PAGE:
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Is the Bitcoin ETF rally over?

Published 05/06/2024, 11:36 AM
© Reuters

Bitcoin price has more than doubled since the batch of spot exchange-traded funds (ETFs) began trading in the U.S. back in January.

Demand from these regulated vehicles was so intense that the original cryptocurrency hit a new all-time high, driven by a flurry of Bitcoin purchases. 

However, it seems that the market might have gotten a bit ahead of itself in the hype, according to Kaiko Research, as investors offloaded crypto ETFs at the fastest pace last week.

Both ETF inflows and the Bitcoin (BTC) rally decelerated in early April. Last week, BlackRock (NYSE:BLK)'s iShares Bitcoin Trust (IBIT) saw its first daily outflow of $37 million, breaking a 71-day streak of consecutive inflows. 

On Friday, however, the tide seemed to turn, with strong inflows across various ETFs, including Grayscale's GBTC. Additionally, BlackRock's IBIT fund is currently nearing parity with GBTC in terms of holdings. Kaiko analysts attribute this rebound in ETF inflows to U.S. jobs data, which sparked speculation about interest rate cuts by the Federal Reserve.

Globally, competition among ETFs is heating up. Last week, three mainland Chinese asset managers—Bosera Asset Management, Harvest Global Investments, and China Asset Management—launched Bitcoin (BTC) and Ethereum (ETH) spot ETFs in Hong Kong.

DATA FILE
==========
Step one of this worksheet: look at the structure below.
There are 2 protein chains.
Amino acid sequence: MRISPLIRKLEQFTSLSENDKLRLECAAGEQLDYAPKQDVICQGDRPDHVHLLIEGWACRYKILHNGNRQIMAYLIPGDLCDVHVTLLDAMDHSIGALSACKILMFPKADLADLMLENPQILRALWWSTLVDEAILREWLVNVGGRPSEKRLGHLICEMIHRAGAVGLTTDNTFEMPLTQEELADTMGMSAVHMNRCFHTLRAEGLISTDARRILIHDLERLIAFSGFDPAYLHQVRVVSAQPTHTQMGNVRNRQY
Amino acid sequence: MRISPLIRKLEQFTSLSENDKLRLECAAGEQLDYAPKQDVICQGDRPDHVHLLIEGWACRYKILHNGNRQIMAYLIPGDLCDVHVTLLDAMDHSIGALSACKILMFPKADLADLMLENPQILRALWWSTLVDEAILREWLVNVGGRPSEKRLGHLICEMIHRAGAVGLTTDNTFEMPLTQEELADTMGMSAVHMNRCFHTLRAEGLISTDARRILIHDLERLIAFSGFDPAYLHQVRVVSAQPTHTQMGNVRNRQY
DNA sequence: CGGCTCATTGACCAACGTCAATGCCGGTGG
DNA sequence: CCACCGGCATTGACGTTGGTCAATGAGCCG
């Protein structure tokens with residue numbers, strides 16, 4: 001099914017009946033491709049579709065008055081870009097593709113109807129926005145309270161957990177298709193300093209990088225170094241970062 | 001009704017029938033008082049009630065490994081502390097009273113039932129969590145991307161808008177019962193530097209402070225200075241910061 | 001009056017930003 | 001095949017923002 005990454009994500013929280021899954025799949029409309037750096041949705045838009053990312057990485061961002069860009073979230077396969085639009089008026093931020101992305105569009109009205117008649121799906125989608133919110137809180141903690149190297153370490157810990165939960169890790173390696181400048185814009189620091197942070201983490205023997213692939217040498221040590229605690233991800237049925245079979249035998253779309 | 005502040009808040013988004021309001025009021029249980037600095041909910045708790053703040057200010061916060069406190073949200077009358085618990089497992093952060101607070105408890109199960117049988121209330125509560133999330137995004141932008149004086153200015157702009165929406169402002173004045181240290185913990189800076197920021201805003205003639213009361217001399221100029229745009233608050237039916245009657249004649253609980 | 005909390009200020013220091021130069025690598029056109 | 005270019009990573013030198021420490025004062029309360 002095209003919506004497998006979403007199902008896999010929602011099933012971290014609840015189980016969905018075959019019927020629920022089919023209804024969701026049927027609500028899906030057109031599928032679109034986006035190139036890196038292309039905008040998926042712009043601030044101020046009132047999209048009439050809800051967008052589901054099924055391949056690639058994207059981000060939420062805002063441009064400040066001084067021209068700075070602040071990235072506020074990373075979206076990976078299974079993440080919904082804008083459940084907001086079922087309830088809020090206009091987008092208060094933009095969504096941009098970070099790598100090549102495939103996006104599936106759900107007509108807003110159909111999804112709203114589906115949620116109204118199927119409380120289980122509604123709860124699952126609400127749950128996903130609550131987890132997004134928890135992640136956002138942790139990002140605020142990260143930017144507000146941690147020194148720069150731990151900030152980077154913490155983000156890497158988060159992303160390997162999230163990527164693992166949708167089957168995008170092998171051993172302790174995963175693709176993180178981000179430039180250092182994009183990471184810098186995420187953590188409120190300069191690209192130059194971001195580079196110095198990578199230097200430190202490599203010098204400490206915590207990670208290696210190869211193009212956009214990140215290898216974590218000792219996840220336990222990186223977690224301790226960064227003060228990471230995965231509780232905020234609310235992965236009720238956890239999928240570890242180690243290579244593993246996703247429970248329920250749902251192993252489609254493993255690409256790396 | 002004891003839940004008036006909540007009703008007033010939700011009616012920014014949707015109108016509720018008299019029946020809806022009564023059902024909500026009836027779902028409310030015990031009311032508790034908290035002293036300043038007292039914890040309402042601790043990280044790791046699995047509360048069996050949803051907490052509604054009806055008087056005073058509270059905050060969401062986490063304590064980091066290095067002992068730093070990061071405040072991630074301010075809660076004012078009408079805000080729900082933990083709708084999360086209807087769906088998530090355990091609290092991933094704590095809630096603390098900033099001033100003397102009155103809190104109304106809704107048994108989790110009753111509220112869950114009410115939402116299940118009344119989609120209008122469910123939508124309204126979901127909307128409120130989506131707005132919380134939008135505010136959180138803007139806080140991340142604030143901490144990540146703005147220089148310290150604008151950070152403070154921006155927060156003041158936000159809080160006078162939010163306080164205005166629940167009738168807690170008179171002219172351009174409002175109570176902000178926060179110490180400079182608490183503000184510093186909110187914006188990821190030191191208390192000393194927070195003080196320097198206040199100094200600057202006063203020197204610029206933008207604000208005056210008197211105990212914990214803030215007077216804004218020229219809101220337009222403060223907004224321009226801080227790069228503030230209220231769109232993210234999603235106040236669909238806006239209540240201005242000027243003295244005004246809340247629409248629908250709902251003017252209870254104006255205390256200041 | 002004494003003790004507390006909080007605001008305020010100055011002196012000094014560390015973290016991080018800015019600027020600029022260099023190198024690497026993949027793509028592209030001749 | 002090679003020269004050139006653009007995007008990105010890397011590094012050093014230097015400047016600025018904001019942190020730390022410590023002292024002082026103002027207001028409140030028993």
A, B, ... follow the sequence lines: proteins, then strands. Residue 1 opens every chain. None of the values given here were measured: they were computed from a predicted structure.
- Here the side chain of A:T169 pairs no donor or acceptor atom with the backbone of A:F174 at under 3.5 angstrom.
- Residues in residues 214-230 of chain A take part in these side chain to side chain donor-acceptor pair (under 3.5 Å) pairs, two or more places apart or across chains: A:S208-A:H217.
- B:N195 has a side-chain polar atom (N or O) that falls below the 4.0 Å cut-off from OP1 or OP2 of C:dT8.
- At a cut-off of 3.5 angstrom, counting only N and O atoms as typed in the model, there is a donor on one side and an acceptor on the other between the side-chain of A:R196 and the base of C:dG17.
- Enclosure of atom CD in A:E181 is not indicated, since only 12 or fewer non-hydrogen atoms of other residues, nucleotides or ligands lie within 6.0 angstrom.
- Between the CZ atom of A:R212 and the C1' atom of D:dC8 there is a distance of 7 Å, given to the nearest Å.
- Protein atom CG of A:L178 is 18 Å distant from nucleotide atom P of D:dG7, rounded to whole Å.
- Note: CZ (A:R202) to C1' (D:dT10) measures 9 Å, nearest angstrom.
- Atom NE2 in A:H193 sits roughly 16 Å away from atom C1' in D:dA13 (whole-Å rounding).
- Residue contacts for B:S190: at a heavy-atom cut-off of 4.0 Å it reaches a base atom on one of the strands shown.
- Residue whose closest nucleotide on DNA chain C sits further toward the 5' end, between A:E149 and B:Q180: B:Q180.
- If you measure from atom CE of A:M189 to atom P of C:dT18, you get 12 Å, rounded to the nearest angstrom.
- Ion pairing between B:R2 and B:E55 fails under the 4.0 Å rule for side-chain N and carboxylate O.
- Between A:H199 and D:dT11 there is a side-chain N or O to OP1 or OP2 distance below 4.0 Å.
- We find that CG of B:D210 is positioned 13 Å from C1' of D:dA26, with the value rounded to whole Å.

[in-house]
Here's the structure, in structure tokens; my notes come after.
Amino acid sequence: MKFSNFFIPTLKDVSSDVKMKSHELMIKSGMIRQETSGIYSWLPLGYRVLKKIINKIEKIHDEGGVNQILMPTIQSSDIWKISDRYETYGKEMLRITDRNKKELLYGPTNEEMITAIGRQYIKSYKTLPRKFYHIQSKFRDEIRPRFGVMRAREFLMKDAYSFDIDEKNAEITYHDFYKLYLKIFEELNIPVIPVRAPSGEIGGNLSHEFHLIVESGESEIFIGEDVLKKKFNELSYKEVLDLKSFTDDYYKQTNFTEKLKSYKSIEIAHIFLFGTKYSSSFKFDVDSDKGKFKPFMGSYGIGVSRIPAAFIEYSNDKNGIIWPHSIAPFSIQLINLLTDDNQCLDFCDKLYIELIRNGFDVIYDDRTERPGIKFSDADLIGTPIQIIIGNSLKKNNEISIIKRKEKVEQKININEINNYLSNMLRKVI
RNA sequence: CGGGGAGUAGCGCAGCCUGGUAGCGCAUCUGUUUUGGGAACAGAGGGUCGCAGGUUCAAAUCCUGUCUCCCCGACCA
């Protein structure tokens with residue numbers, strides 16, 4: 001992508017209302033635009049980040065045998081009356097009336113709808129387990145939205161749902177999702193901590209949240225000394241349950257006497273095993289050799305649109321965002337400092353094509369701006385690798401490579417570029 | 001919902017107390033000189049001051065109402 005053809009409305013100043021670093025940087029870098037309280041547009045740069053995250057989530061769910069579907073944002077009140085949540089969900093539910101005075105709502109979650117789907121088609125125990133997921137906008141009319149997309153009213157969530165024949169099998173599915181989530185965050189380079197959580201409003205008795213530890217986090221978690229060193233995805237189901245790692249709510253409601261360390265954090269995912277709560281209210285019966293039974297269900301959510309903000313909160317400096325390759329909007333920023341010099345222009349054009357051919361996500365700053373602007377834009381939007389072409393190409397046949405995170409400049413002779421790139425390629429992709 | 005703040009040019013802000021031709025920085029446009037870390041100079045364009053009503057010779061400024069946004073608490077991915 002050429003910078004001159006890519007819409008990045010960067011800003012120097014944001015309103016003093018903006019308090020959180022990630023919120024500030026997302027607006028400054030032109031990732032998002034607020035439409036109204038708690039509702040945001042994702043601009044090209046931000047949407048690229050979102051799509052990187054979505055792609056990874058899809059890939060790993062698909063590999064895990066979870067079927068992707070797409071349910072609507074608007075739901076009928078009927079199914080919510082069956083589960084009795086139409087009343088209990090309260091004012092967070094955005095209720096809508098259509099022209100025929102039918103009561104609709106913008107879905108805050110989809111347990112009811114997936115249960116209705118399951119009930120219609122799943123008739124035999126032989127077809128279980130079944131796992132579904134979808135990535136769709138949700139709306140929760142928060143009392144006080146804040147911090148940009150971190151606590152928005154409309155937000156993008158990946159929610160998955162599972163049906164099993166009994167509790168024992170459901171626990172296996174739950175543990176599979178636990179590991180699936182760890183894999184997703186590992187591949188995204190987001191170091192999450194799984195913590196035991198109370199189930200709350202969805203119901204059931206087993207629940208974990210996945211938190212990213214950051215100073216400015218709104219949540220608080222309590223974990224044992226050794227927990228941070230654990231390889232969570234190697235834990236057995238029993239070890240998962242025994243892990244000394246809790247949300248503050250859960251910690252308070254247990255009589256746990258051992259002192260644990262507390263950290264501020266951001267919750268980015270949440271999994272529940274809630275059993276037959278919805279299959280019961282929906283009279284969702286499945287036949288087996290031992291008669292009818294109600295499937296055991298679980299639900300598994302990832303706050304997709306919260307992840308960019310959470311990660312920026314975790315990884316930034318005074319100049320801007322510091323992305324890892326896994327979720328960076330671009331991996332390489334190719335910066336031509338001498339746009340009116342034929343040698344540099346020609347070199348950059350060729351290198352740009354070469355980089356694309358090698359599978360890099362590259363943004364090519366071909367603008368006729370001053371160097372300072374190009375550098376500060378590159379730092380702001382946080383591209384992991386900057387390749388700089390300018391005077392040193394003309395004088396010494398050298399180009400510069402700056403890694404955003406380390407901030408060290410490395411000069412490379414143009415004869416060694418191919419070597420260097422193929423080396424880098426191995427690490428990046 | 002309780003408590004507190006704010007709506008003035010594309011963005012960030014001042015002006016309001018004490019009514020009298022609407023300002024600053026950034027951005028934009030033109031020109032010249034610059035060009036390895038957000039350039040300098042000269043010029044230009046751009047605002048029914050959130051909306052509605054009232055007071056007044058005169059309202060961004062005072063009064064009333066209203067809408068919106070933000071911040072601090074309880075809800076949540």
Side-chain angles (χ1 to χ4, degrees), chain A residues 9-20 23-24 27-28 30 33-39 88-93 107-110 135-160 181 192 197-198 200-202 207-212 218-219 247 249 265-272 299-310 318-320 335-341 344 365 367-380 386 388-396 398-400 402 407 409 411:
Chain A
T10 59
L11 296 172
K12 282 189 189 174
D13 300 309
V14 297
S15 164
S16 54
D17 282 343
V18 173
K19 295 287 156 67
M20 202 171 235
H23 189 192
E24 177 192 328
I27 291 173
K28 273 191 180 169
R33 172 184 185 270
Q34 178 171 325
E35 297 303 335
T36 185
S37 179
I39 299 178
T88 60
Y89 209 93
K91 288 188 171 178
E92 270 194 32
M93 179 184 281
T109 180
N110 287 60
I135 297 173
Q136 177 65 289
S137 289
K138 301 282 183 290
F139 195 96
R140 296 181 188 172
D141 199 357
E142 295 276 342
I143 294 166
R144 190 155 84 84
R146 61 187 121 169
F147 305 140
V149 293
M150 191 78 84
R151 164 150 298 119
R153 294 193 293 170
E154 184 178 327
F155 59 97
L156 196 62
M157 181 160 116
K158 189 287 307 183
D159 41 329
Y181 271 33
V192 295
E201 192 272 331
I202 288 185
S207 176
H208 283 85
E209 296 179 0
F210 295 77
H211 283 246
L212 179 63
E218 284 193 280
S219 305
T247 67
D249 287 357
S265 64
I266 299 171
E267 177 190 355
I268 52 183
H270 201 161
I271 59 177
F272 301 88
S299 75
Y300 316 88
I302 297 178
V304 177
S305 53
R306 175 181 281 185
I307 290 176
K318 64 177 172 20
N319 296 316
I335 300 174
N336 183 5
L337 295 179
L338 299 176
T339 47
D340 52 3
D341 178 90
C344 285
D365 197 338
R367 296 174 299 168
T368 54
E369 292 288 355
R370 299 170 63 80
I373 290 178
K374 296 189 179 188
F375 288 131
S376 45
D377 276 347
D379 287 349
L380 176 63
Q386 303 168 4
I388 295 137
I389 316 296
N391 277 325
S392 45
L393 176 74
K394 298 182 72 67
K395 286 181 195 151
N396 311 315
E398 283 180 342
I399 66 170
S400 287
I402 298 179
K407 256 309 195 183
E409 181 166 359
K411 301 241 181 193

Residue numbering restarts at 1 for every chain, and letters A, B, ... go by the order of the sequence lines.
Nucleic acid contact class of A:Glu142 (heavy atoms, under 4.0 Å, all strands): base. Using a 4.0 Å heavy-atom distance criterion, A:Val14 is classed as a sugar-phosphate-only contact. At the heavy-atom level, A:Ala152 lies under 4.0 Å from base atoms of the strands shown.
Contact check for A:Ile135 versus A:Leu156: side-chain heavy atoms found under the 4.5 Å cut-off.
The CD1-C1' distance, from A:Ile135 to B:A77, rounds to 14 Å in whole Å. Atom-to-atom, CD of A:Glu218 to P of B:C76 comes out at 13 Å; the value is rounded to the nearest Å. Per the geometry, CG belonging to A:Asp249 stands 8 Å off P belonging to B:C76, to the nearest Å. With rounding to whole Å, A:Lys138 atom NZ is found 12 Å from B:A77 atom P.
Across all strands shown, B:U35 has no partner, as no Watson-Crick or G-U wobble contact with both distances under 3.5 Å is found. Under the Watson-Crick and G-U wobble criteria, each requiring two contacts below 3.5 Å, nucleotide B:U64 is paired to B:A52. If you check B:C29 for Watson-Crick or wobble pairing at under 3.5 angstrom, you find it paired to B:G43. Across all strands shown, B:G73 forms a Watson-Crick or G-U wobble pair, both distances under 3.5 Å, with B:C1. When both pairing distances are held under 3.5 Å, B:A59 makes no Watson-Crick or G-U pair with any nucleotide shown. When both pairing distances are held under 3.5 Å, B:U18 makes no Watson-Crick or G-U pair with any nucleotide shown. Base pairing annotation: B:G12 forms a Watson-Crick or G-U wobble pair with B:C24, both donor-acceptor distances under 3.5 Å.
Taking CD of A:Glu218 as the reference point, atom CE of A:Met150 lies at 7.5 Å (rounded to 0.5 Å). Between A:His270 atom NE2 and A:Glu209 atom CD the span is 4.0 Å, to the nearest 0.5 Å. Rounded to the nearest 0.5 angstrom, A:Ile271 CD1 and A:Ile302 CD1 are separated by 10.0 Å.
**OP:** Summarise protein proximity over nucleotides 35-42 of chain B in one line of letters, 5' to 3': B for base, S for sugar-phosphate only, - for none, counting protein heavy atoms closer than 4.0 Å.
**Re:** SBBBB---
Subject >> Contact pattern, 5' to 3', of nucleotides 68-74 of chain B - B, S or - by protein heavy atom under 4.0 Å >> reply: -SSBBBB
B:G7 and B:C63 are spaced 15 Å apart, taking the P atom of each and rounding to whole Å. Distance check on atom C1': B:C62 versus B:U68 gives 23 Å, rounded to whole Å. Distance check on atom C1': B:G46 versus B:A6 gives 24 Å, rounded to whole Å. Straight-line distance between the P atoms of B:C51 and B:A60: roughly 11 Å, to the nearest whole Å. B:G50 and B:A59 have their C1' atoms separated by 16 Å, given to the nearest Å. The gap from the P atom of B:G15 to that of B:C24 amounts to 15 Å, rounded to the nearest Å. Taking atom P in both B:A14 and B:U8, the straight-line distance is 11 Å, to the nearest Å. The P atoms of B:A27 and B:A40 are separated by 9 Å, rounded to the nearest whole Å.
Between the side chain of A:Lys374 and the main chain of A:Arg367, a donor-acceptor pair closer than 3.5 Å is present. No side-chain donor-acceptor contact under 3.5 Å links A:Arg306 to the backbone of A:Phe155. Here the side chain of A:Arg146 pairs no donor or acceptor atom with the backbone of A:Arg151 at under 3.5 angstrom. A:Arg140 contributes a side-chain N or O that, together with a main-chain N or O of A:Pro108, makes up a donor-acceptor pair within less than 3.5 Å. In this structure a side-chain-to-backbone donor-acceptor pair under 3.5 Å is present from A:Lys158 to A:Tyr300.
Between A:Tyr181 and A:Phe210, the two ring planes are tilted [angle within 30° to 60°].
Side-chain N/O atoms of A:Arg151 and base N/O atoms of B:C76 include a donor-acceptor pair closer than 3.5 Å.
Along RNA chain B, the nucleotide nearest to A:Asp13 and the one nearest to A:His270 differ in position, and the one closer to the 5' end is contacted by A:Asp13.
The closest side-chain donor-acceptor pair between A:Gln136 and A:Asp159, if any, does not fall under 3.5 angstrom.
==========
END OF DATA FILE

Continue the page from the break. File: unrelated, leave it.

The first trading day saw a combined volume of $12.7 million across Hong Kong dollar, renminbi, and U.S. dollar trading pairs. 

Although this volume is modest when compared to the $4.6 billion traded by U.S. spot ETFs at their launch, it highlights the relatively smaller scale of the Hong Kong ETF market.

“Interestingly, ChinaAMC's Bitcoin ETF saw the strongest volume despite its higher fee of 99 basis points. ETH ETFs attracted 23% of the total first day volume, while BTC accounted for the majority at 77%,” Kaiko note reads. 

In the Asia-Pacific region, demand for crypto exposure remains strong. According to recent mandatory 13F filings with the U.S. Securities and Exchange Commission, a Hong Kong-based asset manager is the largest holder of BlackRock's IBIT fund.

Although inflows into spot crypto ETFs have slowed, institutional interest in tokenizing real-world assets (RWA) is gaining traction. Last week, BlackRock's BUIDL fund crossed the $300 million mark, overtaking Franklin Templeton's BENJI to become the largest tokenized U.S. Treasuries fund.

This growth was propelled by Ondo Finance, which moved $95 million to BlackRock's fund.


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